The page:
The test of making 10 high clear shots along with the court onto the box (shots): After one year of training, we have the grow rate W = 9.67%; due to tcalculated = 2.60 > tstandard = 2.201, we can conclude that the growth is statistically significant at the possibility (P < 0.05).

The test of making 10 short serves onto the box (shots): After one year of training, we have the grow rate W = 10.00%; due to tcalculated = 3.35 > tstandard = 2.201, we can conclude that the growth is statistically significant at the possibility (P < 0.05).

After one year of training, the other 4 tests to assess male students’ techniques in Le Hong Phong High School badminton teams, Ho Chi Minh City, do not show remarkable progress and statistical significance at the possibility threshold (P < 0.05), as below:

The test of making 10 high clear shots across the court onto the box (shots): After one year of training, we have the grow rate W = 3.55%; due to tcalculated = 0.67 < tstandard = 2.201, we can conclude that the growth is not statistically significant at the possibility (P > 0.05).

The test of making 10 straight drives onto the box (shots): After one year of training, we have the grow rate W = 2.35%; due to tcalculated = 0.52 < tstandard e = 2.201, we can conclude that the growth is not statistically significant at the possibility (P > 0.05).

The test of making 10 crosses court onto the box (shots): After one year of training, we have the grow rate W = 9.09%; due to tcalculated = 1.43 < tstandard = 2.201, we can conclude that the growth is not statistically significant at the possibility (P > 0.05).

The test of making 10 long serves onto the box (shots): After one year of training, we have the grow rate W = 9.64%; due to tcalculated = 1.54 < tstandard = 2.201, we can conclude that the growth is not statistically significant at the possibility (P > 0.05).

The study results demonstrate that moving and making straight drop shots, making high clear shots along with the court, and making short serves tests to assess male students’ techniques in high school badminton teams show obvious progress and statistical significance. In particular, the moving and making straight drop shots have the highest growth rate, with W = 13.5%, tcalculated=3.53.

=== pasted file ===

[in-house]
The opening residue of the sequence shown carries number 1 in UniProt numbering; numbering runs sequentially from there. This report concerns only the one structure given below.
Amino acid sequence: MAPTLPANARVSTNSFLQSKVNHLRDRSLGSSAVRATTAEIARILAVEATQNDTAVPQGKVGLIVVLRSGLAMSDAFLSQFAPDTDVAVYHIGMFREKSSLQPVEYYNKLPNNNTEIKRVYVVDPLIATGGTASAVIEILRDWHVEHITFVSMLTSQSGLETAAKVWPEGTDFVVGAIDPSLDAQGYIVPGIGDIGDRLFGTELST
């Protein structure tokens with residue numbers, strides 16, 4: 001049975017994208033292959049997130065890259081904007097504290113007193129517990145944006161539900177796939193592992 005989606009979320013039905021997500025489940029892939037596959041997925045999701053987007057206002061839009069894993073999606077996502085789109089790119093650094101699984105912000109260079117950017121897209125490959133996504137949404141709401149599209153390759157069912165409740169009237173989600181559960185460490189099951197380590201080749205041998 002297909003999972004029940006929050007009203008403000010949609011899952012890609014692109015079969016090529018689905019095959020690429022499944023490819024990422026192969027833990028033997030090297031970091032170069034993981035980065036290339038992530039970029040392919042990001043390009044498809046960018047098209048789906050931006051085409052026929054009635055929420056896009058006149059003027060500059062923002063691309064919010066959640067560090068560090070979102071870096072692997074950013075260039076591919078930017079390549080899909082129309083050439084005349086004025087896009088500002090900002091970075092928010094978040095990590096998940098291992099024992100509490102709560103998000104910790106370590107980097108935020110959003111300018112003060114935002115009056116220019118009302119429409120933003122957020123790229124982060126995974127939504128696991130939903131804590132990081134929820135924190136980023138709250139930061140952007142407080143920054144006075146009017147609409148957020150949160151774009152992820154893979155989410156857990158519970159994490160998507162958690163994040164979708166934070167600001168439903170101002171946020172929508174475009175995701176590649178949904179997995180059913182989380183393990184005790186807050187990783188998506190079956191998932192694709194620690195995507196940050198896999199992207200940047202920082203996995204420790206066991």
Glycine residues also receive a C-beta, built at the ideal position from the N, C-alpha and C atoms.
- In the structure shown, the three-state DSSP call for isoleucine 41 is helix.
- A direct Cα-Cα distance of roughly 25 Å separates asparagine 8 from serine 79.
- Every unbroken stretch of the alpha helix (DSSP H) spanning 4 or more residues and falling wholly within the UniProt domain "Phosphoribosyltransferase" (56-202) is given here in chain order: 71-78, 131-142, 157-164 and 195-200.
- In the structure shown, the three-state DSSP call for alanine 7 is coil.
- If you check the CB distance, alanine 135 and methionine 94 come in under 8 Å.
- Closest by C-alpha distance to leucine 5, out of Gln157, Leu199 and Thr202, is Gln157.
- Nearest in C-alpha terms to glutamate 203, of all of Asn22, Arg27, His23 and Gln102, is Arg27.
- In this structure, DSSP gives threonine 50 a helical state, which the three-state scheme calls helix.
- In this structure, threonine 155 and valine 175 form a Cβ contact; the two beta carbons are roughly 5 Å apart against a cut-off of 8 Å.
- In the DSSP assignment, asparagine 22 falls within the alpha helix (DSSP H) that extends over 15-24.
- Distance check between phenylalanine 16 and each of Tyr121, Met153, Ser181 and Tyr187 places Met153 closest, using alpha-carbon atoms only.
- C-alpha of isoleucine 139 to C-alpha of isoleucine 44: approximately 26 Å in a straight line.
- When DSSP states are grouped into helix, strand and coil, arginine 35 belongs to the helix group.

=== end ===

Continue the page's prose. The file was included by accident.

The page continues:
CONCLUSION

Through the study, it has been observed that after one year of training, 3 out of 7 tests to assess male students’ techniques in high school badminton teams show obvious progress and statistical significance. However, the rest, including making high clear shots across the court, making straight drives, making cross-court drives, and making long serves, do not show remarkable and statistical significance.

ETHICS APPROVAL AND CONSENT TO PARTICIPATE

The study was approved by the Ethics Committee of the Ho Chi Minh City University of Physical Education and Sport, Vietnam.

HUMAN AND ANIMAL RIGHTS

No Animals were used in this research. All human research procedures followed were in accordance with the ethical standards of the committee responsible for human experimentation (institutional and national), and with the Helsinki Declaration of 1975, as revised in 2013.

CONSENT FOR PUBLICATION

Not applicable.

AVAILABILITY OF DATA AND MATERIALS

The datasets analyzed during the current study available from the corresponding author [VHC] on reasonable request.

FUNDING

None.

CONFLICT OF INTEREST

The authors declare no conflict of interest, financial or otherwise.

ACKNOWLEDGEMENTS

Declared none.